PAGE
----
While this test mentions patent examiners specifically, it is expected that the entire agency (i.e., PTAB judges) will also follow this framework. (It remains to be seen whether the Federal Circuit will agree that reigning in the abstract idea step of Alice/Mayo to focus on judicial exceptions is consistent with established law).

As to the second set of guidelines, the “Examining Computer-Implemented Functional Claim Limitations for Compliance with 35 U.S.C. § 112” this guidance emphasizes various issues with regard to § 112 analysis, specifically as it relates to computer-implemented inventions. The guidance describes proper application of means-plus-function principles under § 112(f), definiteness under § 112(b), and written description and enablement under § 112(a).

This effort addresses an issue that the Office consistently confuses.

PTAB 2018: A Year of Agency Recalibration

The Patent Trial & Appeal Board (PTAB) stole much of the 2018 patent law spotlight. From landmark Supreme Court decisions such as Oil States and SAS Institute, to significant en banc Federal Circuit decisions in WiFi-One, PTAB practice evolved more in 2018 than in any prior year. That said, the most impactful 2018 changes for practitioners were driven by the agency.

Under the pro-patent leadership of Director Iancu, the agency is expected to drive still further change in 2019. Continue Reading Top 5 PTAB Practice Developments of 2018

USPTO & Congress to Tackle 101

As we close out 2018, there may be some hope on the horizon for those confounded by the current state of patent eligibility determinations under 35 U.S.C. § 101.

On the legislative side, Senators Coons (D-Del) and Thom Tillis (R-N.C.) will host a closed-door meeting tomorrow, Dec. 12th, to discuss potential legislation to rework the definition of patent eligibility. Invited to this meeting are a number of large players from the tech community (Google, Amazon, Apple, Qualcomm) and life sciences industry groups (PhRMA, and the BIO).  When it comes to this particular topic, this is like trying to broker a deal between the Hatfields and the McCoys; but, it’s a start.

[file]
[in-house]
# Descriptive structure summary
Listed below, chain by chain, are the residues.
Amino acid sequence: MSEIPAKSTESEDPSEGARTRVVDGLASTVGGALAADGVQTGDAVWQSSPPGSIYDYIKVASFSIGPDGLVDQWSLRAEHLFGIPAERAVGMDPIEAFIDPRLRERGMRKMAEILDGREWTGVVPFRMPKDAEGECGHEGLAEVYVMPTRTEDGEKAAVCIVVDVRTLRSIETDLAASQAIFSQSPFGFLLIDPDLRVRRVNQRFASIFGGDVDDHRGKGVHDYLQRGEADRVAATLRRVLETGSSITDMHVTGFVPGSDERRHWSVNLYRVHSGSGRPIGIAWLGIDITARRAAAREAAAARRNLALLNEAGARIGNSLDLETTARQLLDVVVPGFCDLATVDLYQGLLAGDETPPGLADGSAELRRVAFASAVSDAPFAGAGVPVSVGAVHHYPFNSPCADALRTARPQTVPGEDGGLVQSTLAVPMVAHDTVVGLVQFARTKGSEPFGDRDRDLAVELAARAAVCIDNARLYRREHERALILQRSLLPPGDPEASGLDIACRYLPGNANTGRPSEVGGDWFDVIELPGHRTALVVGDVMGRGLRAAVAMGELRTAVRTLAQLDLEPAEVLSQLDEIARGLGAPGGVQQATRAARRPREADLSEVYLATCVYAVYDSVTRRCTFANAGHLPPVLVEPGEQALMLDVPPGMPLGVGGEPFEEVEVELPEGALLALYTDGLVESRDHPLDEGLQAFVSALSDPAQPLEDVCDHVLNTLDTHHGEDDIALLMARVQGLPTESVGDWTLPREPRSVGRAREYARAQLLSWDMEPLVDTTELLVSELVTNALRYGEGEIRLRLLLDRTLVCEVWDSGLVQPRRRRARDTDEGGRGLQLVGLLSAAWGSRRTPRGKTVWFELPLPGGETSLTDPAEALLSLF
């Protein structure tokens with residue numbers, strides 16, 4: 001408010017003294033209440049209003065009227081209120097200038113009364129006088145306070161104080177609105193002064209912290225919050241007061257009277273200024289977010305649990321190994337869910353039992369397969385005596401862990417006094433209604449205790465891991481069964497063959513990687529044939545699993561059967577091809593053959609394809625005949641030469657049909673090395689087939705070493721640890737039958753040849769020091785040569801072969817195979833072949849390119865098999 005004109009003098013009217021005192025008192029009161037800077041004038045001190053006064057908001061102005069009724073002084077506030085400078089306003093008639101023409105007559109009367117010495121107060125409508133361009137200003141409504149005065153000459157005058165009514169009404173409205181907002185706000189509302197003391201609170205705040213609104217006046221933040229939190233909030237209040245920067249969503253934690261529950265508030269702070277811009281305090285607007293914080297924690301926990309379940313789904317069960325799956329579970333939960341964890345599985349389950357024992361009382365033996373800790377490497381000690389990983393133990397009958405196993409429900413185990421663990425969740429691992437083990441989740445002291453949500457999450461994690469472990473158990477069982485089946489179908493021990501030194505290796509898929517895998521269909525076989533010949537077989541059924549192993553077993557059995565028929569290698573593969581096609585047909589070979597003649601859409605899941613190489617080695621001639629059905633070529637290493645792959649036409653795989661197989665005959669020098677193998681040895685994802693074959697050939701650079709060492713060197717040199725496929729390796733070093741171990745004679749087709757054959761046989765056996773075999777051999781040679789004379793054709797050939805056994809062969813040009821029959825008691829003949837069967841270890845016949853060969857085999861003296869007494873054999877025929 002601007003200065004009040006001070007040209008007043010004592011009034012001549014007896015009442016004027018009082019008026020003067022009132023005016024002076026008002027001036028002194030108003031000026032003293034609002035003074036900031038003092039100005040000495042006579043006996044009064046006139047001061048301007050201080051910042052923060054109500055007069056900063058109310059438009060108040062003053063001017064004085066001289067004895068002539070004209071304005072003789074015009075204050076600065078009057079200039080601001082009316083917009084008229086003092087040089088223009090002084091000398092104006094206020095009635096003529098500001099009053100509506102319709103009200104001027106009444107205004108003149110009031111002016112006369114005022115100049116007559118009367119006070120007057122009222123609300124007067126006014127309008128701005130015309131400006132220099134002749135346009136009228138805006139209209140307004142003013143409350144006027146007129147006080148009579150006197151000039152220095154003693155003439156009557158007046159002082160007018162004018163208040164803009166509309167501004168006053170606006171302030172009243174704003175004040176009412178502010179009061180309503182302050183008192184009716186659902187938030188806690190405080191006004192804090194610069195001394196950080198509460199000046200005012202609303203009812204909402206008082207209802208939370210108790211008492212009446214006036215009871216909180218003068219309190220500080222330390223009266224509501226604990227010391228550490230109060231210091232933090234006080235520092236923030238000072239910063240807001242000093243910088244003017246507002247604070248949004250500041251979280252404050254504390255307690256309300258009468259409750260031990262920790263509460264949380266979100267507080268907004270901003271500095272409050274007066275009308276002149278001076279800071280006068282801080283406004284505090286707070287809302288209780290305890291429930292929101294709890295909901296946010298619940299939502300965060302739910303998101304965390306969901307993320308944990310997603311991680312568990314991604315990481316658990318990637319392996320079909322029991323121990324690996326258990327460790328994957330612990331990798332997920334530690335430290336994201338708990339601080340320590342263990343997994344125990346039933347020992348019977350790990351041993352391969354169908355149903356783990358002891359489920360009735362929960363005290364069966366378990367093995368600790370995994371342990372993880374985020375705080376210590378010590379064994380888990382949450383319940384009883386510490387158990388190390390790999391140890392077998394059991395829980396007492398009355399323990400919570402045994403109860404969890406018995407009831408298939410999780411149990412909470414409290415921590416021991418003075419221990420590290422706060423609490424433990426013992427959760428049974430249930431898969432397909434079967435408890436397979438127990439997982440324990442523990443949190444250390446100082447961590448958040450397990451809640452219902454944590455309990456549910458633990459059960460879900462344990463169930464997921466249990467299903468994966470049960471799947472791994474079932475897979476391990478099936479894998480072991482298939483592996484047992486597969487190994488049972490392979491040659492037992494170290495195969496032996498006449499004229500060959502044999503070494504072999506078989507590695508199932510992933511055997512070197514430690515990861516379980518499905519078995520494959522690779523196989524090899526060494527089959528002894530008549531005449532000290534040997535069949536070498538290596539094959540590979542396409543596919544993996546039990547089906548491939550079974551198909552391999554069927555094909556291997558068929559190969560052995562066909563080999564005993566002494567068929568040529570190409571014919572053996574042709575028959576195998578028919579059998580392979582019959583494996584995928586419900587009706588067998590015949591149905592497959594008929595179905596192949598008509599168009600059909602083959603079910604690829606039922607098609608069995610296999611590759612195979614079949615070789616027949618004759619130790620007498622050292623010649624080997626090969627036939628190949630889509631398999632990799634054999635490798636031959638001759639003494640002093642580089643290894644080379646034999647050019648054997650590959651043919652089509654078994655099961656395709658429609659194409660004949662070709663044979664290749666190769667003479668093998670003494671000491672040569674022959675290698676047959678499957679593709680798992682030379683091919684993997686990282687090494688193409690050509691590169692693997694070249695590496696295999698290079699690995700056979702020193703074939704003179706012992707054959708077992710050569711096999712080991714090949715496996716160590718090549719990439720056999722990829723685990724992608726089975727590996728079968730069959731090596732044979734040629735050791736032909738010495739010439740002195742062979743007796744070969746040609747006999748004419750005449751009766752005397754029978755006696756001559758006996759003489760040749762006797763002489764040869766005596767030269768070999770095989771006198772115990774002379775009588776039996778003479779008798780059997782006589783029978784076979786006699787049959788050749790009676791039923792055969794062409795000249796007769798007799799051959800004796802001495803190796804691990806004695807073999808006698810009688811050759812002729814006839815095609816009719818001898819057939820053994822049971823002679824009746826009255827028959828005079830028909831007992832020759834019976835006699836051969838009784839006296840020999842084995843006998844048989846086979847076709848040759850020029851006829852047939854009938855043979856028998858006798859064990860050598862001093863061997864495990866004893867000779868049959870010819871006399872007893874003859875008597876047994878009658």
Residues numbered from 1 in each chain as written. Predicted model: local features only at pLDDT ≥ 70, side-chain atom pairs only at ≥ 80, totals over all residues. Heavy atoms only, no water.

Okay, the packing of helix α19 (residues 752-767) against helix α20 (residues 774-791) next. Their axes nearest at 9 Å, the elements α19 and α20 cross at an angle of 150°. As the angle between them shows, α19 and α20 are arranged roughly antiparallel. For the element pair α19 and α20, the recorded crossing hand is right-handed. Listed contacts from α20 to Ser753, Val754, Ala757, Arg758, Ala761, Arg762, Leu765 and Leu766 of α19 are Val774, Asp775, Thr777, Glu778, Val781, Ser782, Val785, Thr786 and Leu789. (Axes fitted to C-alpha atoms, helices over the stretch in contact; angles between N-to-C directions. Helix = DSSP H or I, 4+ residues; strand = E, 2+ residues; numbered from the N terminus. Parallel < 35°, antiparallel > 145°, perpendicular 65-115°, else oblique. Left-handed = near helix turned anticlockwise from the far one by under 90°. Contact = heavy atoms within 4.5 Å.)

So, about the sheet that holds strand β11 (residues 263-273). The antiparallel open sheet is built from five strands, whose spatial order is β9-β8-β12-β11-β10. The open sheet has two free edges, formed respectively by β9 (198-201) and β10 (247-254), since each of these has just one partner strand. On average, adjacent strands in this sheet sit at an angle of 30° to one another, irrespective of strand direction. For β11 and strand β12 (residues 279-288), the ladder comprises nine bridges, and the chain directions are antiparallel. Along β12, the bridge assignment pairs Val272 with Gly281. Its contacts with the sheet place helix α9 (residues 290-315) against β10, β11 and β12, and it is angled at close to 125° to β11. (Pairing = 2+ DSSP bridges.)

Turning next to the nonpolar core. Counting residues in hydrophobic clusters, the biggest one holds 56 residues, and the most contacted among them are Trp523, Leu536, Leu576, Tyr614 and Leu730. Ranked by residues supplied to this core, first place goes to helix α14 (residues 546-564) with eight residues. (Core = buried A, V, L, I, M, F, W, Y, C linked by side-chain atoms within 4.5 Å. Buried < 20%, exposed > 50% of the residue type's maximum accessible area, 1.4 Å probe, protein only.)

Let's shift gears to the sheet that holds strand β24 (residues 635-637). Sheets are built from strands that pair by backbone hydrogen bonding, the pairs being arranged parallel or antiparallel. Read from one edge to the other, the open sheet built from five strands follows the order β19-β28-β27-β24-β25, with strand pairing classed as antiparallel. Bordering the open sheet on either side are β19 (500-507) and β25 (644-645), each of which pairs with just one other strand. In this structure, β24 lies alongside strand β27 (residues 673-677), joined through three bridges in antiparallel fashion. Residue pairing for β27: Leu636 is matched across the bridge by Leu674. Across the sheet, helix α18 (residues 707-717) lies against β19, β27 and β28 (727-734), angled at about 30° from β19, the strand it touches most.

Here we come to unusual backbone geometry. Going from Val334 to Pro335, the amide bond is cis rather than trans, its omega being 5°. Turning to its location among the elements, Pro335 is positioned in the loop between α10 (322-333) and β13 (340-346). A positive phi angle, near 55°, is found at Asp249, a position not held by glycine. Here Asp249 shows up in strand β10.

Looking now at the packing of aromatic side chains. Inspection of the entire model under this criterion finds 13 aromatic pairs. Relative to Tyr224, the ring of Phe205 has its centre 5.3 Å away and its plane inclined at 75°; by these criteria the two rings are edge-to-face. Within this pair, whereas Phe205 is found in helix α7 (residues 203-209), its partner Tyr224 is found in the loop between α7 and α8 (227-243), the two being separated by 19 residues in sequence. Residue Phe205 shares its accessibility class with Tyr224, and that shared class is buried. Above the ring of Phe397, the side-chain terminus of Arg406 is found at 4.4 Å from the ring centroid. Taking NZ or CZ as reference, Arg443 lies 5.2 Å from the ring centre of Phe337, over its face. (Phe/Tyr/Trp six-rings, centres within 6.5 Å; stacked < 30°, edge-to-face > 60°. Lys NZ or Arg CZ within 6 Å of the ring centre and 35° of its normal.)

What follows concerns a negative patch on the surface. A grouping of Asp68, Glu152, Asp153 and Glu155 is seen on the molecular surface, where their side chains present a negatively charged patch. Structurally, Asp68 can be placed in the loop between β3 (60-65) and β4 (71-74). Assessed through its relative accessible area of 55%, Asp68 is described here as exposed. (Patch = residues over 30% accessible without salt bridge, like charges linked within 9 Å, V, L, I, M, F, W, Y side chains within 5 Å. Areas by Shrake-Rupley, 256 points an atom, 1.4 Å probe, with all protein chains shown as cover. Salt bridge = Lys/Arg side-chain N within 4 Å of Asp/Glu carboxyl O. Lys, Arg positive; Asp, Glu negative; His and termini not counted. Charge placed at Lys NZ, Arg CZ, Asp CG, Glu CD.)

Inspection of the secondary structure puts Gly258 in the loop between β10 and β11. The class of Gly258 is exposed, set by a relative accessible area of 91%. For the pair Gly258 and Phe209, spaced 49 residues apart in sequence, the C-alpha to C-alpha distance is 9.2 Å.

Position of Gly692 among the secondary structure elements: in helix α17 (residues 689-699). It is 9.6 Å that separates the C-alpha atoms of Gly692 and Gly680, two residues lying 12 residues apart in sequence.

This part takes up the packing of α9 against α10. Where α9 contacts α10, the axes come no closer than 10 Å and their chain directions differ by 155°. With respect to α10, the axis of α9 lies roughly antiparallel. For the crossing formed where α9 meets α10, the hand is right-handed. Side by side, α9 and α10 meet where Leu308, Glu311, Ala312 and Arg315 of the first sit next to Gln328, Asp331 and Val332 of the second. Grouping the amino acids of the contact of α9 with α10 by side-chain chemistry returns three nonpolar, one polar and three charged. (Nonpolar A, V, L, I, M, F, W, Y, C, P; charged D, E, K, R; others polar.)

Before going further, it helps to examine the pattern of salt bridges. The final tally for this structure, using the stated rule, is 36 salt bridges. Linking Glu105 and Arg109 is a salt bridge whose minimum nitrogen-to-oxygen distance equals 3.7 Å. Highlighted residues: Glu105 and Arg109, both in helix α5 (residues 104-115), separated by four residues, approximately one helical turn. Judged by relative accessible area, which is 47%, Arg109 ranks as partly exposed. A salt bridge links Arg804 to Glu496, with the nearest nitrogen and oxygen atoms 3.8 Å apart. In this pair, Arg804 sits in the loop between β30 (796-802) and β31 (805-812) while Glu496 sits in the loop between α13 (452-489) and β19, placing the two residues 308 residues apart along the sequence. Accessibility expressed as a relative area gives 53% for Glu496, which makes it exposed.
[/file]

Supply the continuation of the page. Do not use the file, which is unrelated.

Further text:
The Hill meeting comes on the heels of recent bar association proposals to Congress on possible 101 changes, and undoubtedly, consistent lobbying from impacted industries.

The same hue and cry has been resonating with the USPTO. Director Iancu has been promising new 101 guidelines that translate step 1 of Alice into a simple determination of whether the claims are directed to one of the categories of judicial exceptions. But even if this is the case, unpatentability would only exist where the claim provides a practical application of such an exception. While certainly greatly simplified, it remains to be seen if regulatory guidelines can drive change external to the agency.

With grandiose legislative initiatives like Coons’ STRONGER Patents Act withering on the vine, it looks as if Congress is moving to a more focused agenda for 2019.

Stay tuned.

PTAB Issue Joinder Practices to End

As I predicted a few weeks back, the Patent Trial & Appeal Board is now moving Proppant Express Investments, LLC, Proppant Express Solutions, LLC v. Oren Technologies, LLC, (IPR2018-00914) to the Precedential Opinion Panel (POP). This is the first case to be taken up by the new POP.

As a reminder, in Proppant a divided panel denied issue joinder under 315(c), explaining that the statutory language precluded “join[ing] new issues to an existing proceeding whether raised by the same petitioner or a different petitioner.” The Board noted the conflict this decision present with earlier decisions on the topic (known to many as the “panel stacking” decisions).

The Board explained in its Order, (here):